Skip to Content
Artificial intelligence

MIT wants to build an AI that’s as smart as a child

February 1, 2018

Researchers at MIT will explore the fundamentals of human intelligence in order to build AI systems that learn like babies.

The news: The university has announced Intelligence Quest (or MIT IQ), a new institute-wide initiative to learn more about human intelligence and create new AI-based technologies.

The goal: No specific projects were announced. But Anantha Chandrakasan, the dean of MIT’s School of Engineering, says the plan is to try to “reverse-engineer human intelligence.” In the longer term, says Josh Tenenbaum, an MIT professor of cognitive science and computation, the aim is to build “a machine that learns like a baby and then a child.”

Why it matters: Right now, a three-month-old baby is smarter than any AI. So if it works, the research could provide a whole new class of machine intelligence that could change nearly every industry. And MIT has over 200 world-leading experts in disciplines like AI, cognitive science, and neuroscience—so it has as good a shot as anyone at making it happen.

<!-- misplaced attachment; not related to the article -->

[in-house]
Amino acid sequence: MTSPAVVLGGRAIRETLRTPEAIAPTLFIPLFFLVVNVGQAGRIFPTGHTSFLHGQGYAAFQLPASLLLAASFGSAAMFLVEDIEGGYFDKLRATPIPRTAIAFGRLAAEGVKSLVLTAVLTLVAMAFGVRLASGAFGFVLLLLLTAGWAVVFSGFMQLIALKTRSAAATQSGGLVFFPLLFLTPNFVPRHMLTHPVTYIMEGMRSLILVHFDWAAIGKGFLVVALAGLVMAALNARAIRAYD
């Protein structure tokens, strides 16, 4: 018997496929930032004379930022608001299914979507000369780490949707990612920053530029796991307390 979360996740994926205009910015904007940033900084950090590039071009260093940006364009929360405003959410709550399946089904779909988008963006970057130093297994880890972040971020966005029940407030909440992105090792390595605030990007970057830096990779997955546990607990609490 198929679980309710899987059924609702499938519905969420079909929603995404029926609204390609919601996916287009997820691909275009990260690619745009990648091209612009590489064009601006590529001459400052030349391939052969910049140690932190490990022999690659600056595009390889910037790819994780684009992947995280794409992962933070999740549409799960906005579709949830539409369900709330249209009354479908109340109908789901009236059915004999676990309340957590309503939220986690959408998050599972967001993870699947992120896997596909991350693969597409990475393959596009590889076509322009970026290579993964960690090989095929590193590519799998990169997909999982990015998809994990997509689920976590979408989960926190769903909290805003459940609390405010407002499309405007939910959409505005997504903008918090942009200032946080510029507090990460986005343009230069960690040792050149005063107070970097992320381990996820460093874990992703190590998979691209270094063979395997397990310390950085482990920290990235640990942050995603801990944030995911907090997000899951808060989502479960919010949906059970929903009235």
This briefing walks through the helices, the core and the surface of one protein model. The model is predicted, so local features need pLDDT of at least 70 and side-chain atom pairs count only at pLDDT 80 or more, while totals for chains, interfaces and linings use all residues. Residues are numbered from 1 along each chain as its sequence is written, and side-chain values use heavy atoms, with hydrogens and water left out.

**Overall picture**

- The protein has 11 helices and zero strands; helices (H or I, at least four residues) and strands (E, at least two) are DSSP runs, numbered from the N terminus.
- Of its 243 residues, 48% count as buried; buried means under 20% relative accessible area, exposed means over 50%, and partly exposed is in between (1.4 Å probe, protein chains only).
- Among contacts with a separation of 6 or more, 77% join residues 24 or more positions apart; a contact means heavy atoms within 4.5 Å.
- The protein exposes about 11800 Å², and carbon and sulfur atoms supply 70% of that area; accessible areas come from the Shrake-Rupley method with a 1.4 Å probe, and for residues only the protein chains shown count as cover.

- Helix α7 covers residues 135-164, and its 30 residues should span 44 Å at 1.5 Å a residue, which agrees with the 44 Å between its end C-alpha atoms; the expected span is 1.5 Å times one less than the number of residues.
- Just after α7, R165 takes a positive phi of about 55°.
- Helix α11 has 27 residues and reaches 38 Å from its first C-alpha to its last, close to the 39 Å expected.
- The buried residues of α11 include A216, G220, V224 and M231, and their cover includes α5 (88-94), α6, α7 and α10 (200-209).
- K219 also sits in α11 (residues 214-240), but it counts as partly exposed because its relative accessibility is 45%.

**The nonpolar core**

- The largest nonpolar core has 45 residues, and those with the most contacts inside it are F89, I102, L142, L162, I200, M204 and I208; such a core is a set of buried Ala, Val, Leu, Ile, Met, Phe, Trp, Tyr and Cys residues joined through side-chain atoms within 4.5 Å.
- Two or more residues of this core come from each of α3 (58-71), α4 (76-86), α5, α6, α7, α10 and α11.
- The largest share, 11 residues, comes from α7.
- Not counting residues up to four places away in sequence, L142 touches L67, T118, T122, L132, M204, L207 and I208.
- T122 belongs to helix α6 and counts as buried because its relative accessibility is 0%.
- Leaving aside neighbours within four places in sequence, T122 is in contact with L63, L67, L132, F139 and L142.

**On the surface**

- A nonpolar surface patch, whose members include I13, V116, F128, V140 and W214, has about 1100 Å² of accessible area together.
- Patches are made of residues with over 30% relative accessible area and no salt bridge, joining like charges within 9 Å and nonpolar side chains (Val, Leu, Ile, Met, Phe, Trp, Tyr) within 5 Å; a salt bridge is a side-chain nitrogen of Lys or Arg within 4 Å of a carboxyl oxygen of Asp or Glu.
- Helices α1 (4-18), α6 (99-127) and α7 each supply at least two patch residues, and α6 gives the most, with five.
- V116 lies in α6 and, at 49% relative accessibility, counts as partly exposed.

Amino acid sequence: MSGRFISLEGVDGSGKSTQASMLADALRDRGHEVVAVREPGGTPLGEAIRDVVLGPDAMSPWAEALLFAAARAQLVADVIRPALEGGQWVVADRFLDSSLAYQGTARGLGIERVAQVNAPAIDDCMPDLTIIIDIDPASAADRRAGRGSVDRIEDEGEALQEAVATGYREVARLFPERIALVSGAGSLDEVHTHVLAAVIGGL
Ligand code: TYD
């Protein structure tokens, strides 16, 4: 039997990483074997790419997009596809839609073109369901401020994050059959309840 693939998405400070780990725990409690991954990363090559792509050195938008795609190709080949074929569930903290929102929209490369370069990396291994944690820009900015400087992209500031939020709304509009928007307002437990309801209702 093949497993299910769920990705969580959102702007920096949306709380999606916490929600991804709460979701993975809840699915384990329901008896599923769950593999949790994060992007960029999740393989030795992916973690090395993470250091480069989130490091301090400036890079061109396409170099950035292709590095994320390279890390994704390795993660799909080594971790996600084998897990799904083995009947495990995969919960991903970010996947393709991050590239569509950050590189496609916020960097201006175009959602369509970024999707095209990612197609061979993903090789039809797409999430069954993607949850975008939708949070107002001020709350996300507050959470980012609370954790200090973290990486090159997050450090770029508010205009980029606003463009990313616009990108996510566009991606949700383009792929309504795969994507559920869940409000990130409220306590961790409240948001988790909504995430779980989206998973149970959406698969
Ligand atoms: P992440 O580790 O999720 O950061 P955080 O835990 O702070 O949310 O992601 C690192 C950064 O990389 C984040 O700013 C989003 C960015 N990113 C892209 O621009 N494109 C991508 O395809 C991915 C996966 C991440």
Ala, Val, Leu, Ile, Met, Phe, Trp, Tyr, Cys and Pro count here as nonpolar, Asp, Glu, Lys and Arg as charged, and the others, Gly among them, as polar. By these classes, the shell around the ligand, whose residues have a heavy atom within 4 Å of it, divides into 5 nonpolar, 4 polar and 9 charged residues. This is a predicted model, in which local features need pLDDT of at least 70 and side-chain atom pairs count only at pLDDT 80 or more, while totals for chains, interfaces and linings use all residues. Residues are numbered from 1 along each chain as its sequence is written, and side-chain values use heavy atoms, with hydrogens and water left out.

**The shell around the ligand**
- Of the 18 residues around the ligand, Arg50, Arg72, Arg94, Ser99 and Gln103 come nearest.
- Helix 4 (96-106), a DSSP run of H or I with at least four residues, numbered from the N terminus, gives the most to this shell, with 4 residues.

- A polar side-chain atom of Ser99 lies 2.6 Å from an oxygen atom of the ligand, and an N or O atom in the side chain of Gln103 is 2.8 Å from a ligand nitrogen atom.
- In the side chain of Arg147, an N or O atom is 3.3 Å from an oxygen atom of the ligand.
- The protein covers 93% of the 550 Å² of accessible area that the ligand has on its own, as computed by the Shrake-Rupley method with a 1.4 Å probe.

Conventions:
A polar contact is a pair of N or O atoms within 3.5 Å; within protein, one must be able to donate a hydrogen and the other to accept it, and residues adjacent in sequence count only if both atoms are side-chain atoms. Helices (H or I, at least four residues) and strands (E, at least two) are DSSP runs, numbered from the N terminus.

Deep Dive

Artificial intelligence

Geoffrey Hinton tells us why he’s now scared of the tech he helped build

“I have suddenly switched my views on whether these things are going to be more intelligent than us.”

Deep learning pioneer Geoffrey Hinton has quit Google

Hinton will be speaking at EmTech Digital on Wednesday.

The future of generative AI is niche, not generalized

ChatGPT has sparked speculation about artificial general intelligence. But the next real phase of AI will be in specific domains and contexts.

Video: Geoffrey Hinton talks about the “existential threat” of AI

Watch Hinton speak with Will Douglas Heaven, MIT Technology Review’s senior editor for AI, at EmTech Digital.

Stay connected

Illustration by Rose Wong

Get the latest updates from
MIT Technology Review

Discover special offers, top stories, upcoming events, and more.

Thank you for submitting your email!

Explore more newsletters

It looks like something went wrong.

We’re having trouble saving your preferences. Try refreshing this page and updating them one more time. If you continue to get this message, reach out to us at with a list of newsletters you’d like to receive.